Marcel Kittel: 'Today's sprinters have to be able go it alone'

The former sprint superstar reflects on the Tour de France's sprints so far and how the art has changed since he retired

The Tour de France VIP village is filled with champions of old. Though, in the case of Marcel Kittel, the not so old. Kittel, one of the greatest sprinters of his generation, retired in 2019 at the age of 31, but he is on hand at this year’s race hosting guests for the Tour, not to mention enjoying a front-row seat for the racing. It of course comes as no surprise that he has taken particular interests in the sprints.  

“The sprints have been great this year,” said the German former rider who won 14 sprint stages in the Tour before the start of stage 10 in Orléans. “I think it is clear to see that there is no dominant team, and actually no dominant sprinter so far. It is still pretty open. Sure, Biniam Girmay has two stage wins so far, but it is open.

It’s funny because when we started the Tour, a lot of us thought somebody like Jasper Philipsen would be dominating the sprints like last year," he adds. “But the sprinters this year are pretty much all on the same level, at least so far. Everyone has their chance, which is great for the spectators.”

In addition, Kittel says he has really enjoyed the backstories behind the sprints. “Each of the sprints has been so great. I was very happy for Mark Cavendish and I am really happy for Biniam. Both have really made sports history so far in this year’s Tour de France.”

But while he was happy for his former rival, he was quick to point out that he and Cavendish were far from friendly when he was racing. “No, there was a lot of tension between Mark and I. We were real opponents and I think that both of us were like, ‘I have to go out and kick this guy’s ass!’ Its normal really. A sprinter that doesn’t have this mentality will not win. That said, since I have retired, the tension is gone and we have a good relationship,” he says, before adding with a smile: “I am happy that he is not angry at me because I stopped him from winning maybe 40 stages or something.”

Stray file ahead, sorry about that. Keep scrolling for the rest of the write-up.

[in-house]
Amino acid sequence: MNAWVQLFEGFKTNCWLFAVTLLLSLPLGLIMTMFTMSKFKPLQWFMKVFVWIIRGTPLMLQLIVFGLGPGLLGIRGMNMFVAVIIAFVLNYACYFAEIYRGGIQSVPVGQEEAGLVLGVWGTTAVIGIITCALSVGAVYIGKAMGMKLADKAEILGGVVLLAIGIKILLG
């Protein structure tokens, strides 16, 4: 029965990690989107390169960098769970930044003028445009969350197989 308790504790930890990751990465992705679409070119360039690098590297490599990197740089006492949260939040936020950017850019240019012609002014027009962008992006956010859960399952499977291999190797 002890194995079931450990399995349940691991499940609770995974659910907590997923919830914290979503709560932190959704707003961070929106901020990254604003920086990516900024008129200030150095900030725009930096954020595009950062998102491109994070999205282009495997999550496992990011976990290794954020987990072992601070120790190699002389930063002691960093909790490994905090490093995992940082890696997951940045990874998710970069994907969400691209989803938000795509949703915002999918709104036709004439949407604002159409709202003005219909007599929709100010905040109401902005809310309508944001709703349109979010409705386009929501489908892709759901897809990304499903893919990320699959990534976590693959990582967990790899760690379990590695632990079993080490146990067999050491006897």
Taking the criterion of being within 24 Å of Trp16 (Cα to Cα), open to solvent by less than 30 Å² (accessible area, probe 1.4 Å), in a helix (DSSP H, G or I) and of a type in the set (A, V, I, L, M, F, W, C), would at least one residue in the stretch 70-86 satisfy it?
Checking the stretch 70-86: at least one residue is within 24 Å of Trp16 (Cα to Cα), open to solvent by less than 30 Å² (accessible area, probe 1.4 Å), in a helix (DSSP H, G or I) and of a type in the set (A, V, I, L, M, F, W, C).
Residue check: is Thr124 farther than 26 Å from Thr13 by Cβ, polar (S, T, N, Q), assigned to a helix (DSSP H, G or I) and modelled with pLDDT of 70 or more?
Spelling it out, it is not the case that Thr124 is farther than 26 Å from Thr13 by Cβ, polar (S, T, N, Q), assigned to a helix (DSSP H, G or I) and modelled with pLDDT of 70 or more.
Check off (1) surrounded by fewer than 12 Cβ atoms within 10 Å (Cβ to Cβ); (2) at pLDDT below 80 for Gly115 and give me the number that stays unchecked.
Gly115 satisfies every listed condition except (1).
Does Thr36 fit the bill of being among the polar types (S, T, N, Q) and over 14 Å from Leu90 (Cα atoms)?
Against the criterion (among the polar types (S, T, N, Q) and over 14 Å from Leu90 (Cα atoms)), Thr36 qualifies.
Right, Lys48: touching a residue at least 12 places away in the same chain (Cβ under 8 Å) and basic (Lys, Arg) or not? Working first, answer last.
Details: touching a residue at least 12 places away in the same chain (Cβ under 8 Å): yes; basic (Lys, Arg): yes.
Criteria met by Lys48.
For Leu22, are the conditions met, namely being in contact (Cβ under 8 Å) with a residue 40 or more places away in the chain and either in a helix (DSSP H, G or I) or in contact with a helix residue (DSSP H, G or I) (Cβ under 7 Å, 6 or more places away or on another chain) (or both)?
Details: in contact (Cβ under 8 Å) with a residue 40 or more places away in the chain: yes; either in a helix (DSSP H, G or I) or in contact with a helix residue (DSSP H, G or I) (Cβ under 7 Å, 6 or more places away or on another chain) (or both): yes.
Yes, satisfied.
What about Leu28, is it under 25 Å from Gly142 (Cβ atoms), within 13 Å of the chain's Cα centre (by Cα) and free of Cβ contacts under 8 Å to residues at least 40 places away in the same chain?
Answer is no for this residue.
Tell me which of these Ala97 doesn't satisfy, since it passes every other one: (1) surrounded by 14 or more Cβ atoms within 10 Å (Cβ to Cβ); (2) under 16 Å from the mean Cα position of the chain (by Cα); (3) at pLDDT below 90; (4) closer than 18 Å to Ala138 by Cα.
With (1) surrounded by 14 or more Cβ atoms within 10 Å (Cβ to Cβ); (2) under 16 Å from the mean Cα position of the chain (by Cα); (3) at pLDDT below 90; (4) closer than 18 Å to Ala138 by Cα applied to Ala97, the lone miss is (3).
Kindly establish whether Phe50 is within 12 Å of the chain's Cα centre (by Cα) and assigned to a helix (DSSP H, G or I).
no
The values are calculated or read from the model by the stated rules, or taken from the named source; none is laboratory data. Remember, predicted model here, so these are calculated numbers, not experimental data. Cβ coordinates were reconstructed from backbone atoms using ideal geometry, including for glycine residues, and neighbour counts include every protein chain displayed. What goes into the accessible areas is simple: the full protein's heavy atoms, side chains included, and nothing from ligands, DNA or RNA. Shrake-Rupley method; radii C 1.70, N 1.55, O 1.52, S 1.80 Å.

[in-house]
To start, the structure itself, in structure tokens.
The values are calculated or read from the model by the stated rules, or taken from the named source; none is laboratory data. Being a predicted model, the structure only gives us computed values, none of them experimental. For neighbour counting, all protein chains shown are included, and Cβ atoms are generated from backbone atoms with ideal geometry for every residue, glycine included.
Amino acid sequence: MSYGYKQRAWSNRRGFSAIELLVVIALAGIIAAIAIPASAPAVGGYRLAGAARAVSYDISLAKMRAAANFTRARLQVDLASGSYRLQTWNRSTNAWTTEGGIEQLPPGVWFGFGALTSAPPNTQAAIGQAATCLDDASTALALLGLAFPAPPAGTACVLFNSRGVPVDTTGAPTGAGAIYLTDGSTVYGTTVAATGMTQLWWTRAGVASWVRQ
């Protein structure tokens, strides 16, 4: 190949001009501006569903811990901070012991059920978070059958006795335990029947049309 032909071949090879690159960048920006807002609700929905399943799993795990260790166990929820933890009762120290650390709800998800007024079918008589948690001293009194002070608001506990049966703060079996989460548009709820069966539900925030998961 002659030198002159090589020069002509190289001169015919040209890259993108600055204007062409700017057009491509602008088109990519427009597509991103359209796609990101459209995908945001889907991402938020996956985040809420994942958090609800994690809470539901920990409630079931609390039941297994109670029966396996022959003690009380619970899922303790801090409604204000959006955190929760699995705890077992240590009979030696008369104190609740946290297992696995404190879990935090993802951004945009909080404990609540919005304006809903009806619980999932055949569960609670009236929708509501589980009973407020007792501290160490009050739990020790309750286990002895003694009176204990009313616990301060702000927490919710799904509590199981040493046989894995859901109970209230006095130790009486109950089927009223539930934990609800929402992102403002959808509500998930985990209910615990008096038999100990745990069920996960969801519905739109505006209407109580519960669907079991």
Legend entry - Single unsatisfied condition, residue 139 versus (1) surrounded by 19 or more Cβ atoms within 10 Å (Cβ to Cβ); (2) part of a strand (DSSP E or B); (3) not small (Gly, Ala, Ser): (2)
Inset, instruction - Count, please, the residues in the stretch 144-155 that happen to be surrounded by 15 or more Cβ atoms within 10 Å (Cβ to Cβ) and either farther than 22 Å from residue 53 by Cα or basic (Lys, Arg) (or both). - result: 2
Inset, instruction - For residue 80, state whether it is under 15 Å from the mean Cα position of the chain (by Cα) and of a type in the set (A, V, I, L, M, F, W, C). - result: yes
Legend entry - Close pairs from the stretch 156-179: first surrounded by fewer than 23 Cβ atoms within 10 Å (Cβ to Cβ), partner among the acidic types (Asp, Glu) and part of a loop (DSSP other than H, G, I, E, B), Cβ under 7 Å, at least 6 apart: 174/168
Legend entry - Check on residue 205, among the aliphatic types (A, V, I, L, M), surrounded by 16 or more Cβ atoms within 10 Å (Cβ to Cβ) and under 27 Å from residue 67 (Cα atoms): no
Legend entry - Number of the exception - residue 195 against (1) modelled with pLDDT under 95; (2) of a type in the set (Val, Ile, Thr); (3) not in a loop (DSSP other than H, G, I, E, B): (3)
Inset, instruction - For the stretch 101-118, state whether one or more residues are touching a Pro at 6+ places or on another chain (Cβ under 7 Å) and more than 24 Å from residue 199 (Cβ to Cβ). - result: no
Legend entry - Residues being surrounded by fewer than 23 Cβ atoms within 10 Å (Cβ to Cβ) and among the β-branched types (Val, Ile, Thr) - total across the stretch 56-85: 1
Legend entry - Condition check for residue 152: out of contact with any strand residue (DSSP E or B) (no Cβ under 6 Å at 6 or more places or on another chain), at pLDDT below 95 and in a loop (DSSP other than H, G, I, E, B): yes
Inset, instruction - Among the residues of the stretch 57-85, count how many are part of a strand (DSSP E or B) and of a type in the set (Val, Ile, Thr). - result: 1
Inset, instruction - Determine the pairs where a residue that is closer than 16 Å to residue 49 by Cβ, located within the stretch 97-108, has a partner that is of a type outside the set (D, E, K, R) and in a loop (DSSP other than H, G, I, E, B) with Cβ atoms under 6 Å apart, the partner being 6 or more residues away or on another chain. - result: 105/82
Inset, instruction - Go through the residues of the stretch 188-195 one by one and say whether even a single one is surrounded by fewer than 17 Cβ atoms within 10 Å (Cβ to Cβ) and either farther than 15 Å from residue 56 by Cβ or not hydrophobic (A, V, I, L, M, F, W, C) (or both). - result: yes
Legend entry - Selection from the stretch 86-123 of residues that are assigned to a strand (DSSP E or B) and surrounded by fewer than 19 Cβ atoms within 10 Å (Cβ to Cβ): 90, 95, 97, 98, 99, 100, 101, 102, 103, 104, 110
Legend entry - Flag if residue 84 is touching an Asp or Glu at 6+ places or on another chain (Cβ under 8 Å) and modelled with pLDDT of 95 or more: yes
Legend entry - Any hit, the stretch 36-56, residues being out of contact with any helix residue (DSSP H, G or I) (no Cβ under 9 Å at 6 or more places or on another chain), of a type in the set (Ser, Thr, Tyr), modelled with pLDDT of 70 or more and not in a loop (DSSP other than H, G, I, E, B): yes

While watching this year’s sprints, Kittel notes that sprinting has already changed immensely since he closed the door on his career just five years ago.

“I was talking with the head of performance at Alpecin-Deceuninck and he was explaining to me just how much data they use today. At Alpecin, for example, they have very detailed database for Philipsen. They have data for something like 80 of his sprints throughout his career, and they can tell you every single thing that happened in these sprints. They can breakdown his performance but also his positioning to try to identify any problems. That’s a new development. The days when we would just study the road book before the start are over. They have an internal online platform to objectively analyse everything.”

Kittel also adds that sprinters today cannot rely as much on their sprint trains. and often must be able to freelance in the final kilometers to maintain the best position. “In this Tour, the sprint train is relevant until maybe four kilometres from the finish and then things get more mixed up. Today the sprinters also have to be able go it alone when the time comes.”

Jasper Philipsen throws his bike across the line on stage 10 to become the fourth rider in win one of the sprint stages in this year's Tour.

Such was the case when Mark Cavendish won stage five of this year’s Tour, and it was again evident a few hours later when today’s stage finished in Saint-Armond-Montrond, as the final kilometre was filled with tight turns that made a traditional sprint train impossible.

Fortunately for Belgian Jasper Philipsen, he could at least rely on world champion Mathieu van der Poel to navigate through the turns before launching him down the final straight.

For Philipsen it was a particularly satisfying victory, since he had been frustrated in the first half of this year’s Tour. Winning four stages like last year, but for now at least, he is the fourth rider to taste victory in this year’s sprints.

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